At Leap Motion, we’re making VR/AR development easier with Widgets: fundamental UI building blocks for Unity. In part 3 of our Planetarium series, Barrett talks about the strange physics bugs we encountered with Time Dial.

One of our new VR Widgets, the Time Dial, surprised (and indeed amused!) us at several special moments during our intense production push. The Time Dial Widget is our hand-enabled VR interpretation of a typical touch interface’s Date Picker. We built it with a combination of Wilbur Yu’s Widget interaction base, Daniel’s data-binding framework (more on those two later), and a graphic front-end that I coded and built – again using Unity’s new 3D GUI.

Immediately after adding the shiny new Time Dials to the Arm HUD’s flyout panel, the Arm HUD itself went essentially haywire. As we would change the Month, Day or Hour, buttons on the Arm HUD would begin to trigger by themselves, making panels fly open or disappear. Yikes! We soon realized that while our Widget physics for springy buttons being pushed by virtual hands worked reliably in typical situations, we were spinning the earth at spectacular, epic velocities. This made Unity’s physics engine cry, triggering the Widget buttons without the need of virtual hands.

Between epic velocities and accidental gyroscopes, we’re pretty sure we broke a few digital laws of physics.

Additionally, we discovered that the Time Dials would continue spinning indefinitely after we let them go… sometimes. This was one of those intermittent, tricky-to-solve bugs we love so much. But through dogged observation, Gabriel discovered this only happened if we were pointed east or west. Weirder. In the end, he deduced that while we were clamping the Time Dial’s rotation to its X-axis, if the Earth and Time Dial were in just the right alignment, the Earth’s momentum would transfer to the Time Dial. We had accidentally created a gyroscope!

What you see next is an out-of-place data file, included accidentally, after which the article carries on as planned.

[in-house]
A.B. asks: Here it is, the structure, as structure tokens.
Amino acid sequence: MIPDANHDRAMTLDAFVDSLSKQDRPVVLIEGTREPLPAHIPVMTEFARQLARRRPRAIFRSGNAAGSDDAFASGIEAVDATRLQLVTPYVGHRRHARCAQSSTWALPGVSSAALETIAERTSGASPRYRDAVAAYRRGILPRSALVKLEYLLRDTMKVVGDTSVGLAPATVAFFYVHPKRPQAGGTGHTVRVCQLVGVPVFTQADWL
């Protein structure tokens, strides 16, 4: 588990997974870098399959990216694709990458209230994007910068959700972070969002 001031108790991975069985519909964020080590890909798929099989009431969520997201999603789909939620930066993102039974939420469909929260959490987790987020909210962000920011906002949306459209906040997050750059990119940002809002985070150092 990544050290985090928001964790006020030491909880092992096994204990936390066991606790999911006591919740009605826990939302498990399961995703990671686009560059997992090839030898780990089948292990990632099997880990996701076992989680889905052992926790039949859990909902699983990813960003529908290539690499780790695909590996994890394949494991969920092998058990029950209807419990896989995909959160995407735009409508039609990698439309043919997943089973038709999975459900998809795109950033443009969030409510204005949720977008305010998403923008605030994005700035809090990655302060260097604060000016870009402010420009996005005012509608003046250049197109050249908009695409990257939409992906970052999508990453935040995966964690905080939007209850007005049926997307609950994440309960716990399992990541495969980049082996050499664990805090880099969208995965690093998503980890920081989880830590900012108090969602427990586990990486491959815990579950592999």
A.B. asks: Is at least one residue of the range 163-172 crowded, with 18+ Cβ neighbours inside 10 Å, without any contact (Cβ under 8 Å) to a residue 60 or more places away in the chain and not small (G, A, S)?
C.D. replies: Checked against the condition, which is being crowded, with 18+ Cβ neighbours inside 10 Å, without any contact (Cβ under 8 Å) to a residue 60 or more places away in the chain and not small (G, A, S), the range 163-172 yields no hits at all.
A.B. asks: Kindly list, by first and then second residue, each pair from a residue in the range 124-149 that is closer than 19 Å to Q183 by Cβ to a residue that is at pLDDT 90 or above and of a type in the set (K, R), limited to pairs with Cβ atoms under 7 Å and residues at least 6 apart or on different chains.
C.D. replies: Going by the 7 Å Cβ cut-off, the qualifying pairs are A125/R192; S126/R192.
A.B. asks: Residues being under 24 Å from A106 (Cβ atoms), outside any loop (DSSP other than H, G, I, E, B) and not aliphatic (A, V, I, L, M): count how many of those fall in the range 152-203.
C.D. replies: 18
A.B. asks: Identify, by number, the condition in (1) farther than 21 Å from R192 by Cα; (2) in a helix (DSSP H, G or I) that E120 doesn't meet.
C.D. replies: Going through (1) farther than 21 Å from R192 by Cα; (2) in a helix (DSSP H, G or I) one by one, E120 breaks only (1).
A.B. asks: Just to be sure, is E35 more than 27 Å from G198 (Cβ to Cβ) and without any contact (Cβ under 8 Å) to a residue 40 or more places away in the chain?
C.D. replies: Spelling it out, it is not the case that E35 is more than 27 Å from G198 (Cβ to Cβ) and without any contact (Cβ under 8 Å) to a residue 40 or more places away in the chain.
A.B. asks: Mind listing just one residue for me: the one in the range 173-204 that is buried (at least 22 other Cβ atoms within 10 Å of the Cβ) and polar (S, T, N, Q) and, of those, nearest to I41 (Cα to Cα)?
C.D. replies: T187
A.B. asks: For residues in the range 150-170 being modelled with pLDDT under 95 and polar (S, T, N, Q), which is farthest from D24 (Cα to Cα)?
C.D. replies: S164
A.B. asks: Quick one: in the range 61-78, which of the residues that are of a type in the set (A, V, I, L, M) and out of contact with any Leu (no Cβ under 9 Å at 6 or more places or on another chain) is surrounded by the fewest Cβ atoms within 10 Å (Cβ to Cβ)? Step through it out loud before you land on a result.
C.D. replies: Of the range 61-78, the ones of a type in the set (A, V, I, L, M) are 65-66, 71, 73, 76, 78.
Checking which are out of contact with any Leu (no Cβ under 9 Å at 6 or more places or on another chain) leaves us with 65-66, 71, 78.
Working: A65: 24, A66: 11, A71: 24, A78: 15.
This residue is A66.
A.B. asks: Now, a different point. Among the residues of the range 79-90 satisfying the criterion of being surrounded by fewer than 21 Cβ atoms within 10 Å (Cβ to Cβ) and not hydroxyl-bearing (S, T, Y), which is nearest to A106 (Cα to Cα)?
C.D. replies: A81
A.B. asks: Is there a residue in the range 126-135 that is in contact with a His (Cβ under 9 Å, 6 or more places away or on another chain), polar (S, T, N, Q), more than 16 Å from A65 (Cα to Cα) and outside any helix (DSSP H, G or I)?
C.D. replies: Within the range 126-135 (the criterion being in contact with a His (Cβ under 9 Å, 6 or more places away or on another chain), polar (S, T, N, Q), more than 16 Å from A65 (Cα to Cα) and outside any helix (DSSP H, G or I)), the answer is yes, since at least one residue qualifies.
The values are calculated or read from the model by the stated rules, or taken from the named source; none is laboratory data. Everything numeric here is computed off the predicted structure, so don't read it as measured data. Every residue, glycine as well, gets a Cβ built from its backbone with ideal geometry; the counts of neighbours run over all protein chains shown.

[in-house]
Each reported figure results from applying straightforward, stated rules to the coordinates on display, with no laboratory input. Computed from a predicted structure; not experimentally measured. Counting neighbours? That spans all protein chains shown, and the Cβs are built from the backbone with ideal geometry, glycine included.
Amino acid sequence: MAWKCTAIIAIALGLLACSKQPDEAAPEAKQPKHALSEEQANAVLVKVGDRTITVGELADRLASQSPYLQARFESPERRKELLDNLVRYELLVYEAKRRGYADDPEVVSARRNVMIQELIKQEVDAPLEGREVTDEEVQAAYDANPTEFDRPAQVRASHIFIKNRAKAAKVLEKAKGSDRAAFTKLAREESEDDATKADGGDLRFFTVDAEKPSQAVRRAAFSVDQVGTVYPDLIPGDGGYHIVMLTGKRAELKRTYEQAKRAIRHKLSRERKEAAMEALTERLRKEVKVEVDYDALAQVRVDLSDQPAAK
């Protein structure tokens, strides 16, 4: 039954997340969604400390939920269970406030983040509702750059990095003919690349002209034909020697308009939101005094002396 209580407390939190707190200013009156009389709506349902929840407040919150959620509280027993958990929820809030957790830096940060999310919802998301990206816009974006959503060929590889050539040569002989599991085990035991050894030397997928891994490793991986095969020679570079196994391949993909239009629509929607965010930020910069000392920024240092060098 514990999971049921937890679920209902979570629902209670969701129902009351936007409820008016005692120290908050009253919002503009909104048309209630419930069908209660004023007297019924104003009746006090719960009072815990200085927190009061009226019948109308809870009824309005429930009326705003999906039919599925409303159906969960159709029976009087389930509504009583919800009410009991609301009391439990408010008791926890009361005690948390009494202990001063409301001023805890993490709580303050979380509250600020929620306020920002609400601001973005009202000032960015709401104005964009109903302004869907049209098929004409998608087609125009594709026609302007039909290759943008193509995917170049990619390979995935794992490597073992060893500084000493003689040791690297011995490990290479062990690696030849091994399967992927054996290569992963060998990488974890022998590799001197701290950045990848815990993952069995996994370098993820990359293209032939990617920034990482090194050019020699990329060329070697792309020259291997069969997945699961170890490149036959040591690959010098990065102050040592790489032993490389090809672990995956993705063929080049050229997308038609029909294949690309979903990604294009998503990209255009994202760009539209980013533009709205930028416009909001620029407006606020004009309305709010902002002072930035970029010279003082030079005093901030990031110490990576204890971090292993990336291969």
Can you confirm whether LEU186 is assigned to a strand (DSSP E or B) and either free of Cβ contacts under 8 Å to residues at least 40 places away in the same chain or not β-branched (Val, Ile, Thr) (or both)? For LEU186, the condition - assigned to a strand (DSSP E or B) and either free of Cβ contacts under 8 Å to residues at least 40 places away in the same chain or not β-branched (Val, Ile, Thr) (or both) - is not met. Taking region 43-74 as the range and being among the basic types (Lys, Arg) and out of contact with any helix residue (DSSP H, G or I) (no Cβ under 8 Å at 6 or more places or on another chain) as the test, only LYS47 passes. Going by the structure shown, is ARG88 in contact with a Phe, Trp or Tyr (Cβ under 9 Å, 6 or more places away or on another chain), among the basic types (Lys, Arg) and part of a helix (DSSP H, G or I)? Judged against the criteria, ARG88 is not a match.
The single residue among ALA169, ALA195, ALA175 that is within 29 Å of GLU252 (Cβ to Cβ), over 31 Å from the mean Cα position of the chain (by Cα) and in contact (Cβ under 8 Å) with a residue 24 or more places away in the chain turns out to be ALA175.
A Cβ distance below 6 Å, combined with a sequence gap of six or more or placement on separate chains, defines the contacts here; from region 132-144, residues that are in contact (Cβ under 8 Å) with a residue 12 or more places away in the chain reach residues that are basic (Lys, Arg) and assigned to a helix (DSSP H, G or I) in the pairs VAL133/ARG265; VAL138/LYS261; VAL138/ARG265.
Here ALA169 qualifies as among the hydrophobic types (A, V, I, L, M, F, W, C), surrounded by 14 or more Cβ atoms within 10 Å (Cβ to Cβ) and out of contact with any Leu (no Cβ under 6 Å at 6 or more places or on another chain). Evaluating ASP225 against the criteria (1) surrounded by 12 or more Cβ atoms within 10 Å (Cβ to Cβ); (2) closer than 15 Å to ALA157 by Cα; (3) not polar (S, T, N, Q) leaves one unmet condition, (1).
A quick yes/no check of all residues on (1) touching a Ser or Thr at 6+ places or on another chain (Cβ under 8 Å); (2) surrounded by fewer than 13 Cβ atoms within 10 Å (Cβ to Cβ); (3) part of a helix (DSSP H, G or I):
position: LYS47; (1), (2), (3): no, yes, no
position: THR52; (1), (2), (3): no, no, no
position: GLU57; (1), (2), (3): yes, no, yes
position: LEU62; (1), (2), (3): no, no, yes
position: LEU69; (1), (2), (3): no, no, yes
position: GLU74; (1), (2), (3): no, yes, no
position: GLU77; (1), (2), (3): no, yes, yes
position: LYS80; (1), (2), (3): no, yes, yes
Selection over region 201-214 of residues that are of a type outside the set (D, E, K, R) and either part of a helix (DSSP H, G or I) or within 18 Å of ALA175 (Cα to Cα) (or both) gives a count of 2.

Interestingly, these bugs emerged after quite prodigious amounts of rigorous user testing. Literally dozens of user tests have been run at our office, all carefully recorded and scrutinized. But running our Widgets through the crucible of Planetarium’s forces, ranging from the fingertip scale to the astronomical, gives us valuable insight on how to make the Widgets even more robust for developers. In the future, we’ll be moving away from using Unity’s physics engine, and coding our own, simpler interactions.

Next: Travelling Around the Globe (and Under the Sky) in Planetarium

An interaction engineer at Leap Motion, Barrett has been working at the intersection of game design, information visualization and animation craft for 20 years as a producer, game designer, and animator.